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Smart retail entrepreneurs are always looking for an edge. This year, amid labor shortages, supply chain chaos, and changing consumer behavior, that need is all the more vital.
Technology tools–in particular, automation–can help alleviate some of the stress in-person staff are now feeling, says Laura Kennedy, the senior lead analyst in the consumer and retail practice of CB Insights, a technology insights company. Such automation–which can be in the form of digital checkouts or even a cleaning robot within stores–can also lead to efficiencies, explained Kennedy, speaking on retail tech trends during a webinar this week.
People are leery about automation, as there’s a perception that robots are taking human jobs, but Kennedy suggests focusing on how it can complement an employee’s efforts. “It’s not necessarily being the source of eliminating a job, but thinking about how you can supplement the jobs that you still have in a store,” she added.
In addition to the automation advancements, here are three tech trends she says retailers should watch heading into 2022.
1. Pricing Technology
“After the past few months, you’re going to need technology that helps optimize pricing and can help track inventories,” Kennedy says, referencing how fast changes can fluctuate in a market riddled with supply chain woes.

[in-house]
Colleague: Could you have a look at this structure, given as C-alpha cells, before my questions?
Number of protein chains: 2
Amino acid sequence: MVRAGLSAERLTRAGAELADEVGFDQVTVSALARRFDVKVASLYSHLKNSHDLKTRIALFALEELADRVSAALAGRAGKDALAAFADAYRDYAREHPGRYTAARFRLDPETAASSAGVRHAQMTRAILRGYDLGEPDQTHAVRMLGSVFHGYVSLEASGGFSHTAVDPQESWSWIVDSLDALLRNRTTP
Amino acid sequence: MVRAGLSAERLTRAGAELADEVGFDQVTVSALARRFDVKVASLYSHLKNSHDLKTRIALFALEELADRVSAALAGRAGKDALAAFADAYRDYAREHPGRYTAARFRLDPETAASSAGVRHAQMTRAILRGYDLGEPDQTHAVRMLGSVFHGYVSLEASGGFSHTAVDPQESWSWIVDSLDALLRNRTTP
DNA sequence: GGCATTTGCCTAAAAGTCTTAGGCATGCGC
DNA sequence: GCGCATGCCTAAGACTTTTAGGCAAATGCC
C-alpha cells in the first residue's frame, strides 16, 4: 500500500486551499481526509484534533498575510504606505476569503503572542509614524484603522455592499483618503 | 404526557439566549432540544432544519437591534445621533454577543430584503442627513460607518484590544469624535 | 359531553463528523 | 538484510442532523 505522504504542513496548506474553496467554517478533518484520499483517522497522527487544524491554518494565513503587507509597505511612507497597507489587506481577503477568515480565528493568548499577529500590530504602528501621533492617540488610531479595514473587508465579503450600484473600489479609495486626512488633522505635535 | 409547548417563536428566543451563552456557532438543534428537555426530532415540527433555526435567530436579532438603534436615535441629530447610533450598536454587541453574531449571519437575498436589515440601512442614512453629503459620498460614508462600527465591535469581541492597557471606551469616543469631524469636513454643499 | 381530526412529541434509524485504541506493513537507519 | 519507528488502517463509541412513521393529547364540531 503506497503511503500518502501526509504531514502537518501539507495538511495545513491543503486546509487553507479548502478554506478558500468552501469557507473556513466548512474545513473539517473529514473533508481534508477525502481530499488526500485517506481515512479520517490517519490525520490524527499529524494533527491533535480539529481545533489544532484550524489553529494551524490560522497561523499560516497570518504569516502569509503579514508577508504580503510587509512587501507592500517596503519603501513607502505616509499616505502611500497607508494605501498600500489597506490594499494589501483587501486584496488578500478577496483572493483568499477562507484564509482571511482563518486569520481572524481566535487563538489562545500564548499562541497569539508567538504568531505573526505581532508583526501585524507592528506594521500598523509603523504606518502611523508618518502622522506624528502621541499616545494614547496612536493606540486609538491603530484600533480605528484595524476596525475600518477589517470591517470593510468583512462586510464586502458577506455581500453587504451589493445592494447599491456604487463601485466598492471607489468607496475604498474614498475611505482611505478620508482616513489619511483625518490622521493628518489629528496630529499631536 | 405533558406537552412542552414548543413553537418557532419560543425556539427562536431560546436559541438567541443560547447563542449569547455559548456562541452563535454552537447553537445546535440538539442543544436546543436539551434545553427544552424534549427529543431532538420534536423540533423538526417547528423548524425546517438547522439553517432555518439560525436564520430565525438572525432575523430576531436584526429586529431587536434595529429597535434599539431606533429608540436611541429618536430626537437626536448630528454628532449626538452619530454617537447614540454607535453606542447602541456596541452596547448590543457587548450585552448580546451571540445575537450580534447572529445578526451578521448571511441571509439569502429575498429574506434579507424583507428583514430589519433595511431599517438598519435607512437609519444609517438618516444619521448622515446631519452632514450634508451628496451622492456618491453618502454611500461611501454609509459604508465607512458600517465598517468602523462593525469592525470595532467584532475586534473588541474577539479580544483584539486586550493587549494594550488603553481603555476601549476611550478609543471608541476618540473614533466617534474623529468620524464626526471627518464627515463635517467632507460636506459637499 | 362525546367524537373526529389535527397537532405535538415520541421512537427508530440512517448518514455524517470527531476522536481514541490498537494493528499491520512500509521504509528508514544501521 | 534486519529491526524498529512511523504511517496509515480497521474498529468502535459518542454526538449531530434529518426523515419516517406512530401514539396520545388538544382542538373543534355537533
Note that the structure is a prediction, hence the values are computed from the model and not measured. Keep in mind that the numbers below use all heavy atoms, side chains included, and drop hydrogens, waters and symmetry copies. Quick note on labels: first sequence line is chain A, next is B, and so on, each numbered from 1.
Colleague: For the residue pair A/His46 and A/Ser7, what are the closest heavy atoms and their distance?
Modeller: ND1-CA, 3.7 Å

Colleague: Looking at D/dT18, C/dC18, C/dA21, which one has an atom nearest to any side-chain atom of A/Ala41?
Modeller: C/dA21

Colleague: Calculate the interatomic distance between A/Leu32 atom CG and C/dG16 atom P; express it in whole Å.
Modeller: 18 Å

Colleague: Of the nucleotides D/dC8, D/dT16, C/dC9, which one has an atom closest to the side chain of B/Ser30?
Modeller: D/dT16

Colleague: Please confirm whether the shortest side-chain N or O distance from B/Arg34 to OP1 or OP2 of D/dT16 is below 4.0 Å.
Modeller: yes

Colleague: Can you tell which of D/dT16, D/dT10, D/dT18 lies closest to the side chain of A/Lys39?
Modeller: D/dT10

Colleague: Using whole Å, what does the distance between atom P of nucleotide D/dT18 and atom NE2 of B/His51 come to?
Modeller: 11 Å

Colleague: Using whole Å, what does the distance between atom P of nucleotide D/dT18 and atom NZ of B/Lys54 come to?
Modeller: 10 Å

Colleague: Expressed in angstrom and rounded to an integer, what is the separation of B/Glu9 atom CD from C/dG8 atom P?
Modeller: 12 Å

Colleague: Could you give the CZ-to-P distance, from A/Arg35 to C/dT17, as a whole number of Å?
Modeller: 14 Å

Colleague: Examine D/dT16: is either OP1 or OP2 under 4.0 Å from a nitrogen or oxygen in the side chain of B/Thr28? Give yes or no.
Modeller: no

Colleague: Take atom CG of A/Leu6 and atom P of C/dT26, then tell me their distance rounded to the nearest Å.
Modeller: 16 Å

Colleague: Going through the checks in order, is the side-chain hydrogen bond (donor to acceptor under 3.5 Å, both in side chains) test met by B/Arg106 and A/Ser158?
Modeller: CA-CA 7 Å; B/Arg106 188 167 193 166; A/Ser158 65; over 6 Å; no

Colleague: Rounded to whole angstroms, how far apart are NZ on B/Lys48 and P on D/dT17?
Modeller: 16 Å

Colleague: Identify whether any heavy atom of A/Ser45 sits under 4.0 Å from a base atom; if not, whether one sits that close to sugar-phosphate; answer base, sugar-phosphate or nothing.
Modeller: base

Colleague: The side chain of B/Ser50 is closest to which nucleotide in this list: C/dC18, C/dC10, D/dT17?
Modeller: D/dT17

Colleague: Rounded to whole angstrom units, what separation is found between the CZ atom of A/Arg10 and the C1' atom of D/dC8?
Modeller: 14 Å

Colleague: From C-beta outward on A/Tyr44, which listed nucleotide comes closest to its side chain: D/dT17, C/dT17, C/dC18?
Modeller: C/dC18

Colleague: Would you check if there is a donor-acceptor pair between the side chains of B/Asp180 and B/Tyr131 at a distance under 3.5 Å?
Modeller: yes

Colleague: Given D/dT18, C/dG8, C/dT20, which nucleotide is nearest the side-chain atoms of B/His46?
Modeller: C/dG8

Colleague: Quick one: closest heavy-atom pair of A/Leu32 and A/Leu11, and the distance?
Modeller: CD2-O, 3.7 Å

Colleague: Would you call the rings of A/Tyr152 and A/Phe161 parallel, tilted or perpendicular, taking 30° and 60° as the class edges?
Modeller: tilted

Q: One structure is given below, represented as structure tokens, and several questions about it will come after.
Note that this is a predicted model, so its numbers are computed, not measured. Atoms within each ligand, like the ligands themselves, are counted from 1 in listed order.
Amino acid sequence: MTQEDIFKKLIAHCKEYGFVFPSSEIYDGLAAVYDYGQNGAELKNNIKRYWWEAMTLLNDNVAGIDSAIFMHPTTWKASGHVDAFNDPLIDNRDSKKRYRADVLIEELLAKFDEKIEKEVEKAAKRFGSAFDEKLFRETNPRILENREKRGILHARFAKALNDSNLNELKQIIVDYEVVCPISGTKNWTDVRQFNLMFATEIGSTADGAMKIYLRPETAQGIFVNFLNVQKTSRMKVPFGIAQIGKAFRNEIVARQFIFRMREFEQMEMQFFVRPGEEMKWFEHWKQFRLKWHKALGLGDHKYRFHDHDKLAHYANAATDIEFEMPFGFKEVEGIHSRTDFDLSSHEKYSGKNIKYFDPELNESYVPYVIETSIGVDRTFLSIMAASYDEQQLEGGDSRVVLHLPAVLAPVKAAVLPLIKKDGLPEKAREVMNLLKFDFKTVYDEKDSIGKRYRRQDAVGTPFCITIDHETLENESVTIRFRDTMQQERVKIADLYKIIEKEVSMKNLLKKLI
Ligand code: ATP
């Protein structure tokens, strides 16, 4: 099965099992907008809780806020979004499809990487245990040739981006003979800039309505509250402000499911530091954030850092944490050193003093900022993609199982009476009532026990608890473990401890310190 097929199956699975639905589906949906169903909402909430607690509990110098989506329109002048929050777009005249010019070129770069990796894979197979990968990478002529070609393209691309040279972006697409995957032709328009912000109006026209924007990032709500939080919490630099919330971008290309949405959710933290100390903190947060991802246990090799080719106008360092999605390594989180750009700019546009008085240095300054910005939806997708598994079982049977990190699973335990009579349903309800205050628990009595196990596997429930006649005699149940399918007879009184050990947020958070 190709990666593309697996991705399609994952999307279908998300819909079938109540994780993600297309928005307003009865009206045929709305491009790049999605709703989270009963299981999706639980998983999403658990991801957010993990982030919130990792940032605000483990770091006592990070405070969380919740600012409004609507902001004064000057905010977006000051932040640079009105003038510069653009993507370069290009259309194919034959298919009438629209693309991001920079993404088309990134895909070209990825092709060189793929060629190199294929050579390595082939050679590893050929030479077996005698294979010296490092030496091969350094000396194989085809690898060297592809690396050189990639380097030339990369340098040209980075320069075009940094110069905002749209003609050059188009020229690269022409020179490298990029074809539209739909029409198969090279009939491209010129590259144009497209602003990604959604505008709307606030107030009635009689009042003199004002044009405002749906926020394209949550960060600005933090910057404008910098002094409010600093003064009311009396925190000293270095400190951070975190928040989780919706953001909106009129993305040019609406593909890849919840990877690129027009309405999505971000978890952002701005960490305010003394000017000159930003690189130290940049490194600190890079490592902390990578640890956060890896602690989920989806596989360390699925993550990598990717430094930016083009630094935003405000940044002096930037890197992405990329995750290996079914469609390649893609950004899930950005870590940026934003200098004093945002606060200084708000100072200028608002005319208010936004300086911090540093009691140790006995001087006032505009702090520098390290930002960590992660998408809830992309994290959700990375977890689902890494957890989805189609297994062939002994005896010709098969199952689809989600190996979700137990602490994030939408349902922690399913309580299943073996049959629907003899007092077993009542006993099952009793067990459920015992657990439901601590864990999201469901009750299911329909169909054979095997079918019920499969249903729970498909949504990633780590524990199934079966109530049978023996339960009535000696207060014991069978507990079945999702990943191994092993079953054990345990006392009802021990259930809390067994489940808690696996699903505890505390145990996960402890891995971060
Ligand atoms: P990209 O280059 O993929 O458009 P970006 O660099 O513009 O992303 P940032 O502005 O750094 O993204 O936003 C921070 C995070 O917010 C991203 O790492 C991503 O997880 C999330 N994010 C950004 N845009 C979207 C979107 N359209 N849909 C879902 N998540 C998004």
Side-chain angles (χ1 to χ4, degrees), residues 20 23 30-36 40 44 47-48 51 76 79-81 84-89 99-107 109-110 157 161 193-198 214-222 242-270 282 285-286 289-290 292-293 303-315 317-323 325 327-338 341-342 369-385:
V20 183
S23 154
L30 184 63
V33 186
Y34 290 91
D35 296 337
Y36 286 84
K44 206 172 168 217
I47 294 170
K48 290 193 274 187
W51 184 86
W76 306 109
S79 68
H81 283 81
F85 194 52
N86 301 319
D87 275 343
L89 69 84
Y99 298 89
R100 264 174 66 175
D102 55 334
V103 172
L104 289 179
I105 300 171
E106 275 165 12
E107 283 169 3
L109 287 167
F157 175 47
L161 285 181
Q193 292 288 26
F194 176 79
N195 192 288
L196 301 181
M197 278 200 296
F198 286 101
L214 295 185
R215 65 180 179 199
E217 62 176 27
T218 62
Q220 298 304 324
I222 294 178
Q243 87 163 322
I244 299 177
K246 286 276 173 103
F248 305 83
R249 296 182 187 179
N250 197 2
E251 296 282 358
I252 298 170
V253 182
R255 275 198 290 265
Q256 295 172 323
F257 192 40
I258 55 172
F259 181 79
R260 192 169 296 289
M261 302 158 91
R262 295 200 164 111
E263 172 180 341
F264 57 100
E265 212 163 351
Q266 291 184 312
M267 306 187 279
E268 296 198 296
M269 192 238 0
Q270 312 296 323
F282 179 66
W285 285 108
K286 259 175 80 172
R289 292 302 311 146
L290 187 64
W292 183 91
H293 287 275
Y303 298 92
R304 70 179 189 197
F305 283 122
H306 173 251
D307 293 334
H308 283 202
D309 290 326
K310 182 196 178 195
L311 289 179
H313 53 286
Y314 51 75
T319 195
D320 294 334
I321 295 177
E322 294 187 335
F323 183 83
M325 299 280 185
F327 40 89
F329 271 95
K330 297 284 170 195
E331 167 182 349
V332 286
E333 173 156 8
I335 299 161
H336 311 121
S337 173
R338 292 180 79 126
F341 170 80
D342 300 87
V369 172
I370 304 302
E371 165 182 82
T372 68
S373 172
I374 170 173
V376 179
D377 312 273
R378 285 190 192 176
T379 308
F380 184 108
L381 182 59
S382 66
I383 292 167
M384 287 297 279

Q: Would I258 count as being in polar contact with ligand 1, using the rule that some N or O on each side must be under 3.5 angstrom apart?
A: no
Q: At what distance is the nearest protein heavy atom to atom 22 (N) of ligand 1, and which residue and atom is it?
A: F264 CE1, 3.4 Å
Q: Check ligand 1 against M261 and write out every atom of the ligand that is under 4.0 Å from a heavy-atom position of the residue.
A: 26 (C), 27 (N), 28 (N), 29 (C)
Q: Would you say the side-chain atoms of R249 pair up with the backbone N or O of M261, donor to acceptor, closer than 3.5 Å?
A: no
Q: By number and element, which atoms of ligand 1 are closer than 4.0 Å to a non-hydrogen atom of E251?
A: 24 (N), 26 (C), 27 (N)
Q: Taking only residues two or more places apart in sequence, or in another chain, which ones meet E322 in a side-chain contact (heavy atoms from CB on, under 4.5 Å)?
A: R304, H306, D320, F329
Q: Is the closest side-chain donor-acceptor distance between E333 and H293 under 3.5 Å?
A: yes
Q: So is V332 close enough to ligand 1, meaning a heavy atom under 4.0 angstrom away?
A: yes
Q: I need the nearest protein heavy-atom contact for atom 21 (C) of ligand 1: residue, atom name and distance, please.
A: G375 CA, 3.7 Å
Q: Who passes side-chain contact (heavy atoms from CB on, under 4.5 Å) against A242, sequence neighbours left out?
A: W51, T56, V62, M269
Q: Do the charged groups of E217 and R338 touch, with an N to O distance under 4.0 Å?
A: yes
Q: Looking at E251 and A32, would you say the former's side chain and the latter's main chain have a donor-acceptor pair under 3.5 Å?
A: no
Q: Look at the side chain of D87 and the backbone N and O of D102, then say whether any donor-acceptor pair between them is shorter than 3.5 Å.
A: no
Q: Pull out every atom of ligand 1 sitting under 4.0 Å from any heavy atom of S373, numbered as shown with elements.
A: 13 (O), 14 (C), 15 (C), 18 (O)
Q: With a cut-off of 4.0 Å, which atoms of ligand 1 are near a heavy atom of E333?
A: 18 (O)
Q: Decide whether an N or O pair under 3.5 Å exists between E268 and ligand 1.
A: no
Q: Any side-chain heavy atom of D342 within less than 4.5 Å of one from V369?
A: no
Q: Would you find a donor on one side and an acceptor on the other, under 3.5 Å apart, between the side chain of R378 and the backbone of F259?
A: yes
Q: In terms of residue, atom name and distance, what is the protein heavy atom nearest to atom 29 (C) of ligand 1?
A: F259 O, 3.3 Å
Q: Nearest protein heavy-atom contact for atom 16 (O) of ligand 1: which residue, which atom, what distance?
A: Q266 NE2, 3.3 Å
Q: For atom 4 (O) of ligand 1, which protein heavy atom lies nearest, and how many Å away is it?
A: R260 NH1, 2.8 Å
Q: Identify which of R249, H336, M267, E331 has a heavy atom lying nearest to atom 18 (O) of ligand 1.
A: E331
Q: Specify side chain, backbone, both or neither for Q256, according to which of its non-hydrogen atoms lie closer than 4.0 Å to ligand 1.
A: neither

Electronic shelf labels, she noted, can help keep stores up-to-date, as prices change quickly. In addition, Kennedy predicted big demand for tech and algorithms around personalized pricing, for instance, only giving certain promotions to a selected percentage of shoppers.
2. Headless Tools
So-called headless-commerce tools refer to software architecture that separates what the customer sees (the front-end interface) from core commerce functions like processing payments and keeping track of inventory (the back-end software). Essentially, the technology makes it possible to easily sell on a lot of different platforms. It’s the difference between buying directly on a retailer’s website versus buying through TikTok or Pinterest without leaving the app or, say, an Alexa smart speaker.
“[Consumers] are shopping on Facebook, they’re shopping on Instagram, they’re shopping on their desktops. So anything that’s going to make meeting your customer where they are easier is going to continue to get a lot of attention,” Kennedy says.
3. Smart Carts
When most retailers hear point-of-sale, or POS, technology, they think of Amazon’s cashierless stores with “just walk out” technology like Amazon Go. But now you should also be thinking of smart shopping carts, Kennedy explains. Grocery chain Kroger has a frictionless shopping cart with a built-in scale and camera so you can scan and bag right from the cart as you shop, and then pay from the cart and exit the store through the self-checkout area. Potentially, Kennedy predicts this technology could be added to existing carts at other stores and chains.
“It’s more difficult if you’re looking at a ‘just walk out’ technology kind of situation because there’s a fair amount of infrastructure to get in place,” Kennedy says. “So that’ll be something that we’re watching, of course, but I do think that the smart carts that are able to be retrofitted are going to be a really interesting area.”